True awakenings or false awakenings seem meaningless terms after falling through seven so-called "awakenings." There, I sought the stability of a world, any world was fine, as long as it was stable - or shall I say "seemed" stable. If I had awakened in a world with different furniture, an extra cat, new neighbors, it would have been okay, just as long as it all "seemed" to remain stable.

What I took from my multiple awakenings was the idea that Perception either has or creates many homes, but the perceived "true" world-home seems true only in that it conforms to one's memories.

Memory seems a force that works on Perception - that keeps Perception's wanderings from going too far - that develops a homebase for that which wanders. In a way, memory confers stability. Memory confers a structure. Memory provides a "sense" for that which we deem self.

The problem with using the term, "false awakening," for what appears to be an "assumed awakening," appears to be found in our response to the language.

Why investigate that which is "false"? Why give any credence, any thought, any validity to a "false" experience? Why concern one's self with an event which is fallacious, specious, contrary to fact or truth, without grounds?

Moreover, in the term, "false awakening," one finds an ex post facto conclusion about the experience, which draws one away from the description of the actual experience. In the actual experience, the lucid dreamer assumes he/she has awakened. Thus in terms of descriptive accuracy, the actual experience seems to support that the lucid dreamer had an "assumed awakening." To call it "false" creates negative implications and moves away from accurately describing the event. As many scientists have demonstrated, language seems to affect our perception, reaction to and experience of events. In the relatively new world of lucid dreaming, we should take care to describe events and perceptions accurately in order to make the way smooth for others. Words that imply hard and fast judgments, like "false," seem narrow and errant.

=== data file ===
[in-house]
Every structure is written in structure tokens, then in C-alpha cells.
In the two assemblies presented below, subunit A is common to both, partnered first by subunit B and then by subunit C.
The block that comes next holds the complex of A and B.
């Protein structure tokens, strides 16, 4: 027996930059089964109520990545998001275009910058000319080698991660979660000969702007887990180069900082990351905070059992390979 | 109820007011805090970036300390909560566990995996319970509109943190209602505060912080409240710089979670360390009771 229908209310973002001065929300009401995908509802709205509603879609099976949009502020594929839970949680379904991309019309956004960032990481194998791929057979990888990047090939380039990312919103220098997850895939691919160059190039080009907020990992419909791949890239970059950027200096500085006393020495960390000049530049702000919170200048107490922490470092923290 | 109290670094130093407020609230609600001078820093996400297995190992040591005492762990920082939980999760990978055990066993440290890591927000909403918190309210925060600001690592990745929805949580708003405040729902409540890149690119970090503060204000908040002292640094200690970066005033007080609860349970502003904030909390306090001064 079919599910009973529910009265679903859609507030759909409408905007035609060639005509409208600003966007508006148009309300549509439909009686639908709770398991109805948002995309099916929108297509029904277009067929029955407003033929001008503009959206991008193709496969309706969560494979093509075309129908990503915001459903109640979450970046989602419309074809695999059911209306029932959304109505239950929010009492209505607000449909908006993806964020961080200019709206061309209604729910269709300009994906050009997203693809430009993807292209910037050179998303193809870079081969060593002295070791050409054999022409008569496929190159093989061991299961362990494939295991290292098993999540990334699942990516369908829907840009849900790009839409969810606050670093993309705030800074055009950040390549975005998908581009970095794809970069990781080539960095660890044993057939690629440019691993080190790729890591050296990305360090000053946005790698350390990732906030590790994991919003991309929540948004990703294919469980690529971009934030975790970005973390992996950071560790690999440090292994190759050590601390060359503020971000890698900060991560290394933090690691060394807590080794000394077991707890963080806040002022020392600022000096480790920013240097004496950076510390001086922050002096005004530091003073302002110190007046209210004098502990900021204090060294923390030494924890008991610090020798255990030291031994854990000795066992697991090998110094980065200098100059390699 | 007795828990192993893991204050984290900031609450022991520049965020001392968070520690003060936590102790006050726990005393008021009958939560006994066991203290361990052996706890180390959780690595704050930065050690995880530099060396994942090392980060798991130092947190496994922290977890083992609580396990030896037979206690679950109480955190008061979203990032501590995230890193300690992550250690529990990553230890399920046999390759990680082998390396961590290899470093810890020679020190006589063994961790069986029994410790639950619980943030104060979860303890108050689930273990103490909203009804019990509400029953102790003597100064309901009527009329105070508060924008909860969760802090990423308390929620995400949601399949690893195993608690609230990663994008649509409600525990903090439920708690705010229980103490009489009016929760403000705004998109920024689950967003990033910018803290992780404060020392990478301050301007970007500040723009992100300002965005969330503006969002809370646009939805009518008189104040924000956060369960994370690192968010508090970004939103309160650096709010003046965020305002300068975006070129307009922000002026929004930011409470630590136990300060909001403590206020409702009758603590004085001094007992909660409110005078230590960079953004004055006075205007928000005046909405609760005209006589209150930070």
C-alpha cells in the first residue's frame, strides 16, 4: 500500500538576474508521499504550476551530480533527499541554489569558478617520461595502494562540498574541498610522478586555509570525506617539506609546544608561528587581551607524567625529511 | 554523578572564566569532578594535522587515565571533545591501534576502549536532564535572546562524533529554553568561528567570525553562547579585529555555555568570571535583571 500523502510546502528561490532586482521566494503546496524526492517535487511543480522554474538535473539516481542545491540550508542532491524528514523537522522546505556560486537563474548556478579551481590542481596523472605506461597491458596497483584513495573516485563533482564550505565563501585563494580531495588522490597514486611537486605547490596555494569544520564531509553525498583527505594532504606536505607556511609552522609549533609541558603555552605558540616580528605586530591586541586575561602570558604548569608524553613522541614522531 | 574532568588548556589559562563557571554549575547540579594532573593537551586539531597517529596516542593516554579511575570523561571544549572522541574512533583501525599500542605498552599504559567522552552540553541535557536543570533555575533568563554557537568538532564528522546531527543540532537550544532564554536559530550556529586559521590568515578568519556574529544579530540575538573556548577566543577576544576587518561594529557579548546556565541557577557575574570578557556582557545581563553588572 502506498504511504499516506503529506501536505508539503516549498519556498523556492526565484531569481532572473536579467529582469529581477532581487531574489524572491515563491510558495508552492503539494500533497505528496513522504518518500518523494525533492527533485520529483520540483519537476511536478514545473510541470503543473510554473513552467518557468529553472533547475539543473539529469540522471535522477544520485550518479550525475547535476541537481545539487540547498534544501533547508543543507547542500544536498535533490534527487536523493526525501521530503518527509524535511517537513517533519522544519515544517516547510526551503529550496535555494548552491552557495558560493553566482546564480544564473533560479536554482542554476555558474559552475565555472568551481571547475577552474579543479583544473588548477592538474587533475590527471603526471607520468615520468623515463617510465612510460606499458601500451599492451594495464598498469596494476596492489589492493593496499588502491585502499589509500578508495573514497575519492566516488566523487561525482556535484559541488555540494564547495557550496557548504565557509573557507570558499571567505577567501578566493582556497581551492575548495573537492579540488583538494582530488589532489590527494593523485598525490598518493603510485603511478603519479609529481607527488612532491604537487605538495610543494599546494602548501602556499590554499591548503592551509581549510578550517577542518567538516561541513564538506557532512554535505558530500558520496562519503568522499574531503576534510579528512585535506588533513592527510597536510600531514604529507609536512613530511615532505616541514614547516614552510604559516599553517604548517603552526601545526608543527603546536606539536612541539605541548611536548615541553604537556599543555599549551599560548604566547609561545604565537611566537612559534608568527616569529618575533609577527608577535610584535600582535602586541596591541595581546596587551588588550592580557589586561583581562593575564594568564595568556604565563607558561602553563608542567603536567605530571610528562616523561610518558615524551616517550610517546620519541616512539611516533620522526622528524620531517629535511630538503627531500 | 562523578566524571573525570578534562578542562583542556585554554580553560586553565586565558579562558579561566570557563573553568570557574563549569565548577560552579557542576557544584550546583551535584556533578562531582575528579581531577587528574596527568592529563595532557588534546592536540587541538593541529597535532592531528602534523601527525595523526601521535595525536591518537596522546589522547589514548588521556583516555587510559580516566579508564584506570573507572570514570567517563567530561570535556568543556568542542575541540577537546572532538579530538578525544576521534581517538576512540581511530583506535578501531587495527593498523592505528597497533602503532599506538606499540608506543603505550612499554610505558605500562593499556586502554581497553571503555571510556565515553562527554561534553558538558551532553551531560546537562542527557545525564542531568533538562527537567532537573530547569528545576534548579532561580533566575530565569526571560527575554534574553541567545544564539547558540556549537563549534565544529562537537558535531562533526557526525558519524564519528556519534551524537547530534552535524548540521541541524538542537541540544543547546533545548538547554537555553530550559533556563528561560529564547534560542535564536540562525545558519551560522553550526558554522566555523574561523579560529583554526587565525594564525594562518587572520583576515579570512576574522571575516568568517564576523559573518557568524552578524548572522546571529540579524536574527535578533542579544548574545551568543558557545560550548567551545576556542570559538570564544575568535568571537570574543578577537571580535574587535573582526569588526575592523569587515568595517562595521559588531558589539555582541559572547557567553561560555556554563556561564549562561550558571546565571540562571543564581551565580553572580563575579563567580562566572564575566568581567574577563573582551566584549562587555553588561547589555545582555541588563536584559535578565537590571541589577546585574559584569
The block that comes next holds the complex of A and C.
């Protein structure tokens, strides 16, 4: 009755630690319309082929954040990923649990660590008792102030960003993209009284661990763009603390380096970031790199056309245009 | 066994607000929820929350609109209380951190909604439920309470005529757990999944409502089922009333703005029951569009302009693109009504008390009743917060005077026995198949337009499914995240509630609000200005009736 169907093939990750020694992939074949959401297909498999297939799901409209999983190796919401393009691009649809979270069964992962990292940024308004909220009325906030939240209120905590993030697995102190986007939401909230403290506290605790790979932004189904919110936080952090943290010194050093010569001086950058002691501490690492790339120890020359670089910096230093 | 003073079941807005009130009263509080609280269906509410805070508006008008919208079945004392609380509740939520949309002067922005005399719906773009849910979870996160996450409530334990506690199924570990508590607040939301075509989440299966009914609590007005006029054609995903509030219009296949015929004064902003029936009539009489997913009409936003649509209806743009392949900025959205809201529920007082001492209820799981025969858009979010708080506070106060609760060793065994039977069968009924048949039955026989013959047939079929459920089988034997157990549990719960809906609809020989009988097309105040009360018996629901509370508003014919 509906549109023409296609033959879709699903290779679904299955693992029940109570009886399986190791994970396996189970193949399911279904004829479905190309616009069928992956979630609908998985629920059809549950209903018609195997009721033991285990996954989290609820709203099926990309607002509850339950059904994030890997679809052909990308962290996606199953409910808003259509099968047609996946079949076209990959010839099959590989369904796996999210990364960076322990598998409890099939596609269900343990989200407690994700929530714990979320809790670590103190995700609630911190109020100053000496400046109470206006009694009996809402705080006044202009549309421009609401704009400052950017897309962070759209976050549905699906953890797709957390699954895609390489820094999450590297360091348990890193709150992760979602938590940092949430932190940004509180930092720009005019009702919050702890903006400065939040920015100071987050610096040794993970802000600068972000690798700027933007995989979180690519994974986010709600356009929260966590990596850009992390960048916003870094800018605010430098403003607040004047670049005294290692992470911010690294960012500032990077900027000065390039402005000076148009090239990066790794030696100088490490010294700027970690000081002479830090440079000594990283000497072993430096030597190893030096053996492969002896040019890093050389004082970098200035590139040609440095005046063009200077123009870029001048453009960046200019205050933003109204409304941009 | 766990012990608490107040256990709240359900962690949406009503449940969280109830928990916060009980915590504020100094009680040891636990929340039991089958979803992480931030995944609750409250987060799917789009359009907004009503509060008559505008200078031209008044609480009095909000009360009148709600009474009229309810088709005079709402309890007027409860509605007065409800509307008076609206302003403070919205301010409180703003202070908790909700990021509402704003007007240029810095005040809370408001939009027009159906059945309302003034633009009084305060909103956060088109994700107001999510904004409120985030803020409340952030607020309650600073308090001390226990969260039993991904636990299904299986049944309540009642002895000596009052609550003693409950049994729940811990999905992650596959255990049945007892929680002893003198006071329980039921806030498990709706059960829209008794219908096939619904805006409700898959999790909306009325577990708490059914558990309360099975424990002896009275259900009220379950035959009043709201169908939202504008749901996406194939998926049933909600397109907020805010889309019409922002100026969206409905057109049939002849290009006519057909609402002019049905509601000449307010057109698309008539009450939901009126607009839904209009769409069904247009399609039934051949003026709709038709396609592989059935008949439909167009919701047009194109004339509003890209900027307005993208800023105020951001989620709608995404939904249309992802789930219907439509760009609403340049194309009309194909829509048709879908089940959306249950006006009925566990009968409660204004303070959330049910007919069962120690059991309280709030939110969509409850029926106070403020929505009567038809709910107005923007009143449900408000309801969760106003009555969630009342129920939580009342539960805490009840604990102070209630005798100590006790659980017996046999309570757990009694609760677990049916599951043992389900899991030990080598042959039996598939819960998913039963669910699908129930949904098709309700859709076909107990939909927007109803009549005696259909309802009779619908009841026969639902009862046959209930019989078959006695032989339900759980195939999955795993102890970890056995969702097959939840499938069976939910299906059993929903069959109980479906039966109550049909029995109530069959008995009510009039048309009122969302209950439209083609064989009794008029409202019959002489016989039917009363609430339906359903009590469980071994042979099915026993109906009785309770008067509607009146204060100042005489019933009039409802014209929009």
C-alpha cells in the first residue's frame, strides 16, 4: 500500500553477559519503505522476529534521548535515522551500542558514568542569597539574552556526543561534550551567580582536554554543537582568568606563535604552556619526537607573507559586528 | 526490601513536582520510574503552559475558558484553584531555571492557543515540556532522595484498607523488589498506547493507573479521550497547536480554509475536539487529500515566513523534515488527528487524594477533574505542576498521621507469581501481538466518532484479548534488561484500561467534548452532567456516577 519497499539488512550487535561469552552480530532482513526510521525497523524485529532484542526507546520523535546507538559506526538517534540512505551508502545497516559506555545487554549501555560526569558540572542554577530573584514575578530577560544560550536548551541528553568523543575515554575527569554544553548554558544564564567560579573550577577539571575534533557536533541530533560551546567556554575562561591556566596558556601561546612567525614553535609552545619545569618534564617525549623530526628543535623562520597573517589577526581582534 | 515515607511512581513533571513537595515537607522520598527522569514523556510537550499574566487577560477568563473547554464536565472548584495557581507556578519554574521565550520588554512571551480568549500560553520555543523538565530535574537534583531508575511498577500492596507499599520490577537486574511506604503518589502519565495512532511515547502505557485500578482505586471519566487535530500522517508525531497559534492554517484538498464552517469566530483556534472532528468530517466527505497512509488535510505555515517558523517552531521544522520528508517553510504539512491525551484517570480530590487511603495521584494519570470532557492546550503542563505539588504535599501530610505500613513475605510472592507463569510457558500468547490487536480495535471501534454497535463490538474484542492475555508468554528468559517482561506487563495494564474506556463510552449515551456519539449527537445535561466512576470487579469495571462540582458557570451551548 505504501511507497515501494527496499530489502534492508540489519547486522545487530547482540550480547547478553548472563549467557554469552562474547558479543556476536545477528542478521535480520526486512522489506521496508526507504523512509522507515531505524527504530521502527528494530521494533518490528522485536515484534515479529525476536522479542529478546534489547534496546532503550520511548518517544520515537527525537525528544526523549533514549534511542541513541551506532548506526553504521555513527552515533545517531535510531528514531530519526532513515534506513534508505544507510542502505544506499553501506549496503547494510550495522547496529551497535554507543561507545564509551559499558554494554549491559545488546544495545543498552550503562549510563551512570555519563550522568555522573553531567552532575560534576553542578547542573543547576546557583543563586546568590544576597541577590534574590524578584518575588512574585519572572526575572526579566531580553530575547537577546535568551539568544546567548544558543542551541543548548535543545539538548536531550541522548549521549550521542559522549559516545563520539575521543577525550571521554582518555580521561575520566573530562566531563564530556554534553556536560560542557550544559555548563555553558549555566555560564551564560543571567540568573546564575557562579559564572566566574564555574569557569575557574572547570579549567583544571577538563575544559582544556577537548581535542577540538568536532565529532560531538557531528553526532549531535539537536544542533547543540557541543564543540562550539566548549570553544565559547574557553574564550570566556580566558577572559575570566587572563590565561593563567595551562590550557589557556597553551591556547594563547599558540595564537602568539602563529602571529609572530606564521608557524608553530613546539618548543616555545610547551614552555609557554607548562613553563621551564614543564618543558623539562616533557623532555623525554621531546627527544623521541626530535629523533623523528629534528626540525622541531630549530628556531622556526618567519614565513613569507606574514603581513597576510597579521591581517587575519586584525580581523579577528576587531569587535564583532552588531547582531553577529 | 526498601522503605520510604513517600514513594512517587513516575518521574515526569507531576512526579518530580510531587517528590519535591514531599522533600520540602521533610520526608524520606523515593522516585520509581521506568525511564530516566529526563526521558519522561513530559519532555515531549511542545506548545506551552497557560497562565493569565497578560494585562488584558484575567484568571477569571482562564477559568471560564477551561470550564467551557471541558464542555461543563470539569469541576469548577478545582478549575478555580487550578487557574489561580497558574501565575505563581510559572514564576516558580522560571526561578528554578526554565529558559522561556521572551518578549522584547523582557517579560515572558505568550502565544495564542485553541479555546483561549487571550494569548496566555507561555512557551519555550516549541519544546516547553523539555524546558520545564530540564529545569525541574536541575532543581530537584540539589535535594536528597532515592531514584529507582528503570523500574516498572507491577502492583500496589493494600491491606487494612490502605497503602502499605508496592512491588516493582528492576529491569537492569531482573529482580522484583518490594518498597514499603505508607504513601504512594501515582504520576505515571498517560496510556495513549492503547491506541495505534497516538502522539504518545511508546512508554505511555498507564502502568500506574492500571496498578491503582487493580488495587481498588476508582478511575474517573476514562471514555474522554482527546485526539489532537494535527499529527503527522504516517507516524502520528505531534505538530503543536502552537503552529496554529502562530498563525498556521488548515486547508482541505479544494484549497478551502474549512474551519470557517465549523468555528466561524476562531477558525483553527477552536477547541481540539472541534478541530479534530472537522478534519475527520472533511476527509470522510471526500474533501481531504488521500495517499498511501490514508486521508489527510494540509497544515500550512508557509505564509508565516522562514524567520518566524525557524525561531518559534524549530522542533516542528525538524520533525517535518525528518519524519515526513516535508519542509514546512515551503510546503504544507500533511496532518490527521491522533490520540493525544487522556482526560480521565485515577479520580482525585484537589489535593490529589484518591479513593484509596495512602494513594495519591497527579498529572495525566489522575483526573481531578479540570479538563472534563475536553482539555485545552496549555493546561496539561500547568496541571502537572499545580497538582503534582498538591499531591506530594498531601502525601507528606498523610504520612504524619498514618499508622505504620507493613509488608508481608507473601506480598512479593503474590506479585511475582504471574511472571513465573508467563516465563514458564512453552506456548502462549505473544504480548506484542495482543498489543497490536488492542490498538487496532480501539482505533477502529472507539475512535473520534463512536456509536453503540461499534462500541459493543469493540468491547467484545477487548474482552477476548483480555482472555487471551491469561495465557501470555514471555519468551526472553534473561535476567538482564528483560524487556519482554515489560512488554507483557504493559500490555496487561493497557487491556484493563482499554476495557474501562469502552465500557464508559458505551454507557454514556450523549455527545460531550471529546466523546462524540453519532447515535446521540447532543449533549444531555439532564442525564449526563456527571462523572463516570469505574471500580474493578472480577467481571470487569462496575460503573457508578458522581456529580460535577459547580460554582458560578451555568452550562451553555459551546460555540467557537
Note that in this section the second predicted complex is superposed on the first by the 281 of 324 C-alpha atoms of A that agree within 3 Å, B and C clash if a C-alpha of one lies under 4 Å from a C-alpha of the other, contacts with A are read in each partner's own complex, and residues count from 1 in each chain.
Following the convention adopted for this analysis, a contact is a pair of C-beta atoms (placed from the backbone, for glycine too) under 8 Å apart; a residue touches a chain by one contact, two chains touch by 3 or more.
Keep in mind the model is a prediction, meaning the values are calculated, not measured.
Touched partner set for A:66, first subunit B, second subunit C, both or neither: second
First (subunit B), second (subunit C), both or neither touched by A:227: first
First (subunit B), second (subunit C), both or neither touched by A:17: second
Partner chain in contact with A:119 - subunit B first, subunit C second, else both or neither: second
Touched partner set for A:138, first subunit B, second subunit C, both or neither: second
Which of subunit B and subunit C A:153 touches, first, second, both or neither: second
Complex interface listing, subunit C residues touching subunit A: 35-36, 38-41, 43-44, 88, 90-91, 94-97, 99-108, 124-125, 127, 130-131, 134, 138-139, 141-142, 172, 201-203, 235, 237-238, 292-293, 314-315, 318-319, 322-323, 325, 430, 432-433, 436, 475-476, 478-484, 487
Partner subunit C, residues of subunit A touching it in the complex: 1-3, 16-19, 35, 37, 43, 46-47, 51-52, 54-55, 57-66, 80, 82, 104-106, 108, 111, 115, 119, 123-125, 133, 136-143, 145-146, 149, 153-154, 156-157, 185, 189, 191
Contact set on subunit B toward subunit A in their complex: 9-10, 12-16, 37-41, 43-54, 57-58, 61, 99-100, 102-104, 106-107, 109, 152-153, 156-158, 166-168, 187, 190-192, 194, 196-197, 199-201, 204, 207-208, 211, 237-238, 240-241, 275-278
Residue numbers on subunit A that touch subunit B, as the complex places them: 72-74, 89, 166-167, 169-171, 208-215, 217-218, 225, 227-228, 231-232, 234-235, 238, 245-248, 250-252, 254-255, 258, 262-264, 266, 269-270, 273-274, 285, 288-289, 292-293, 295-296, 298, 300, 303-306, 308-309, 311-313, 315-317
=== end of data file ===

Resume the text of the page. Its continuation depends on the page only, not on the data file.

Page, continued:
For example, if I was a physicist investigating theories of alternate realities or probable realities and was searching for possible instances of alternate or probable realities, I may investigate "apparent awakenings" or "alternate awakenings." However, due to the connotation inherent in the description, I doubt that I would investigate "false awakenings" - and even if I did, the term "false" would likely predispose other physicists to view the experiences as fundamentally invalid.

And for example, if I was a theoretical psychologist seeking evidence to suggest that the mind creates internalized "worlds," and stumble upon this fairly common lucid dreaming phenomenon, what then? Would I be able to see this phenomenon clearly, or would I be thrown by the negative connotation of false awakenings?

For science to proceed, clear terms are needed that describe an experience accurately. I ask readers of The Lucid Dream Exchange to remove the "false" from apparent, assumed or alternate awakenings in order to assist futures students of lucid dreaming.